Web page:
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Welcome to the future.
A world on the brink of expansion into new realities and boundaryless opportunities promised by the metaverse—a new layer of internet technology that relies on cloud computing and operates with digital currency like Bitcoin, outfitted with visually and audibly sumptuous immersive experiences dreamed up in collaboration with forward-thinking NFT artists, musicians, designers and other content creatives, through an inclusive lens to be enjoyed by all.
As the next evolution of the internet, the metaverse will transform how businesses operate and interact with customers, how work is done, what products and services companies offer and how they make and distribute them.
What will these new realities mean for the jobs of today and tomorrow?
From cloud, robotics and quantum computing to artificial intelligence (AI), blockchain and cybersecurity, our experts break down our 2022 Technology Vision report to illuminate how four trends shaping the future of work are coming to life in the work we do today.
How is the internet being reimagined?
It’s all about Web3—a distributed data layer in the internet built on technologies like blockchain and tokenization that will be found in extended realities like the metaverse. It’s an evolution of the internet that enables a user to move beyond browsing to inhabiting and/or participating in a persistent shared experience that spans the spectrum of our real world to the fully virtual and in between.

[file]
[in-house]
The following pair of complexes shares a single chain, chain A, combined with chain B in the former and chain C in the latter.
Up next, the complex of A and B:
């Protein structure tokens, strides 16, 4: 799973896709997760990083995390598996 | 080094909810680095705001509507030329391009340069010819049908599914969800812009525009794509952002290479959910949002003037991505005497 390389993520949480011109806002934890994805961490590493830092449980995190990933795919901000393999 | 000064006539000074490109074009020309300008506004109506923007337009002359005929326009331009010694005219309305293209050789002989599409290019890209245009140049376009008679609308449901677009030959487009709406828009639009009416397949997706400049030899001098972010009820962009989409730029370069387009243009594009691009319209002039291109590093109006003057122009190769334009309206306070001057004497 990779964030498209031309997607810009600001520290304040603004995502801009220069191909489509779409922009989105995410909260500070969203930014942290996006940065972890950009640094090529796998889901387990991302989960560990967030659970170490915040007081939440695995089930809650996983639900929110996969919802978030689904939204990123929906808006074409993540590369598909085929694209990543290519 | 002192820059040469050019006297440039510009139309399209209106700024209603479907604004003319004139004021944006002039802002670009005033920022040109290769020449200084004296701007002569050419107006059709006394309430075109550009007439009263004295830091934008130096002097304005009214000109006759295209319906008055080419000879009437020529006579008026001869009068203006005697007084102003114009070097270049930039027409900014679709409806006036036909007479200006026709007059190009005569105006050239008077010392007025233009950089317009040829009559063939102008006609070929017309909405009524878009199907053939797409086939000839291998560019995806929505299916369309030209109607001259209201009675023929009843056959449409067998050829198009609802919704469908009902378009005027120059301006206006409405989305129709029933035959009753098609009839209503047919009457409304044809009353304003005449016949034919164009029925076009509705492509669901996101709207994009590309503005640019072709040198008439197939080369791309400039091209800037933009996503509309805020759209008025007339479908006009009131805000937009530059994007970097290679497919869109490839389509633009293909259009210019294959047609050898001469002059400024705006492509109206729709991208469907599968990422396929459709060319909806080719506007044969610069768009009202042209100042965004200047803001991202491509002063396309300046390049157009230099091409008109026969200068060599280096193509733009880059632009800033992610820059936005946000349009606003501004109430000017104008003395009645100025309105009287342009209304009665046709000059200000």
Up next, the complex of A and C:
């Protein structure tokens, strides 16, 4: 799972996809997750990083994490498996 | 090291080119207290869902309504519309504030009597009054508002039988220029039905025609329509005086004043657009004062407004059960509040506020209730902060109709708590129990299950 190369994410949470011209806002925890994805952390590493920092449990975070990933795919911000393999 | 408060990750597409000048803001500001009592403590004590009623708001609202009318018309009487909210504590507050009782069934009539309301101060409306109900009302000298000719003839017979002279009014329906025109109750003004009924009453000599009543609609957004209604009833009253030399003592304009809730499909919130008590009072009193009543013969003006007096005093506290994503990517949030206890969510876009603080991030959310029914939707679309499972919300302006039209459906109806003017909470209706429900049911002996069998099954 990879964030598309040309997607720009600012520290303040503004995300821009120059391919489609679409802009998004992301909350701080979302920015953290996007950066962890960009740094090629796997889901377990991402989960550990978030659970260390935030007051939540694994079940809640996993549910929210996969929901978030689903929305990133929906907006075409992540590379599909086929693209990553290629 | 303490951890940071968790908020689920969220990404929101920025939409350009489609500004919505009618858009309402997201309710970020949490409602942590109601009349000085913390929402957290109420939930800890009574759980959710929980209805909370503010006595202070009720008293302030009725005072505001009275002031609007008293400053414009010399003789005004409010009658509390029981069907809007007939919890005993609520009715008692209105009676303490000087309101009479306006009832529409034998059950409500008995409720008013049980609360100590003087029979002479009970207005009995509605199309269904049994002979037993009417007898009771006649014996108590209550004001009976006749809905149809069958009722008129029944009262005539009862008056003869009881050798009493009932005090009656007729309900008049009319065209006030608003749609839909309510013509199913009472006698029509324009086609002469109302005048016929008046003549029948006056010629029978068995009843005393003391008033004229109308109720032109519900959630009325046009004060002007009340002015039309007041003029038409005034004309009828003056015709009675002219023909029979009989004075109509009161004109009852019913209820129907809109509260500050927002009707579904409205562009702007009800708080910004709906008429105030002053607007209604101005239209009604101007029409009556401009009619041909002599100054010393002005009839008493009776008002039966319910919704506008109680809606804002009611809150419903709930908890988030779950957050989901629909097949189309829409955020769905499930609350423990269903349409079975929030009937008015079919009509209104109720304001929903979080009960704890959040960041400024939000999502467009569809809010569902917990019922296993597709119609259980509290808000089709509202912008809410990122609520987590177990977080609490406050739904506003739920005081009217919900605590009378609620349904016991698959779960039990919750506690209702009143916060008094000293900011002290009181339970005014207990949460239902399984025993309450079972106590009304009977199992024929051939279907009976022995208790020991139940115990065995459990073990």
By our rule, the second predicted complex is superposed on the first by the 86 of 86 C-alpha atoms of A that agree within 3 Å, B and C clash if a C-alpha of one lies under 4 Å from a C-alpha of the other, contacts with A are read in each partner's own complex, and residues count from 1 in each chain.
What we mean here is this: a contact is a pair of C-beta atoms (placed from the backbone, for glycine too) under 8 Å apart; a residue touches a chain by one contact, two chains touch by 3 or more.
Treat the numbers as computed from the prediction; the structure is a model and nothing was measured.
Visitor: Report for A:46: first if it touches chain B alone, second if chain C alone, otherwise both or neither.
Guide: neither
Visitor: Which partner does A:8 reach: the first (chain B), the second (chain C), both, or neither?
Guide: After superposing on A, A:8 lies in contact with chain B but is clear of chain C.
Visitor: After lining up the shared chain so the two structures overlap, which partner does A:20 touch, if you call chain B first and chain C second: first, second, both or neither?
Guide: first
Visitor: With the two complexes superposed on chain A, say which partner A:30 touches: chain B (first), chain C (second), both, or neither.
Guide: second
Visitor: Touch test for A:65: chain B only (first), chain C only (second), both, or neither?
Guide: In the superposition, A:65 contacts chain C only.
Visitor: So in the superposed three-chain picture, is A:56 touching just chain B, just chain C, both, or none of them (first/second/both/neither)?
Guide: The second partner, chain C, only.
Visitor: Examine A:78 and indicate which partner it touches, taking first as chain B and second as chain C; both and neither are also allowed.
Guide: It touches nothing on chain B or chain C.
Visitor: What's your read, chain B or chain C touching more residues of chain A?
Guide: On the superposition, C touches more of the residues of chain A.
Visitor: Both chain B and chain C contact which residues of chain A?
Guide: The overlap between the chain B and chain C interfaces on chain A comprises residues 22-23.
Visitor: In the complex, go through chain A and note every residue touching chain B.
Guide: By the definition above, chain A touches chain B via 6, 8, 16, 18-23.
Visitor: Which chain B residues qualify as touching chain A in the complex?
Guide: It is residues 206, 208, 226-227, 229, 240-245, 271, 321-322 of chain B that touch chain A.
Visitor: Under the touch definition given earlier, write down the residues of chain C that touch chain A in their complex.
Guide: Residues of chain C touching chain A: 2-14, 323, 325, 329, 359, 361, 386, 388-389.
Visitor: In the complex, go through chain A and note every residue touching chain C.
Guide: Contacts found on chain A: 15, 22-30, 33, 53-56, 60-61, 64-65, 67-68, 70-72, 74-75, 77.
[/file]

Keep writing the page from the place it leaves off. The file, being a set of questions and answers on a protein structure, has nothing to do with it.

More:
What’s Now: Payment transactions powered by blockchain technology are here (think Bitcoin), but imagine a smart fridge ordering and paying for eggs, or your car automatically paying for gas.
As the liaison between Accenture Ventures and leading cloud vendors like Amazon, Microsoft and Oracle, blockchain ecosystem expert Britney Crooks is helping to identify advanced cryptocurrency opportunities—including unexpected ones, like blockchain payments from space.
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"IoT payment transactions, powered by blockchain technology, are closer than you think."
-Britney Crooks, Global Blockchain & Multiparty Systems Alliance Lead
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As we continue to bridge the gap between the virtual and real worlds, doors are opening, enabling accessibility in powerful new ways. One example is our pro bono initiative with Goodwill®, where Accenture Strategy and Consulting Manager Tony Worlds and team developed a VR application that helps people recently released from prison practice interviewing skills as they transition to the workforce.
Another example comes from Extended Reality Lead Developer Jonathan Bray, who helped create an ocular solution for the National Theatre in London, developing smart-caption glasses to enhance the experience of audience members who are hard of hearing.
What’s Next: Get ready to see more talk about the new face of Web3, as the rise of the metaverse, extended realities, NFTs and the ties to blockchain are a common thread to building a more distributed data layer to the internet.
How will the digital world infuse into the physical world sustainably and responsibly?
According to the Technology Vision 2022 report, people will have more control, customization and automation to meet their own individual needs. They’ll be able to decide what they see, interact with and experience with greater ease and fidelity than ever before—fundamentally changing the way we live and work.
What’s Now: Meet Product Management Consultant Aaron Sherwood. He’s dreaming up the endless possibilities of IoT, including IoT-enabled devices that are not only wearable but also ingestible and implantable, as well as other technologies like neurotechnology, drones, cloud systems, digital therapeutics and analytics.
Immersive learning is playing a huge part in all of this. Extended Reality Senior Manager Nick Rosa leverages XR technology to capture enriched user data—behavioral, eye tracking, heat maps and gesture tracking—to rethink the possibilities of remote collaboration and learning.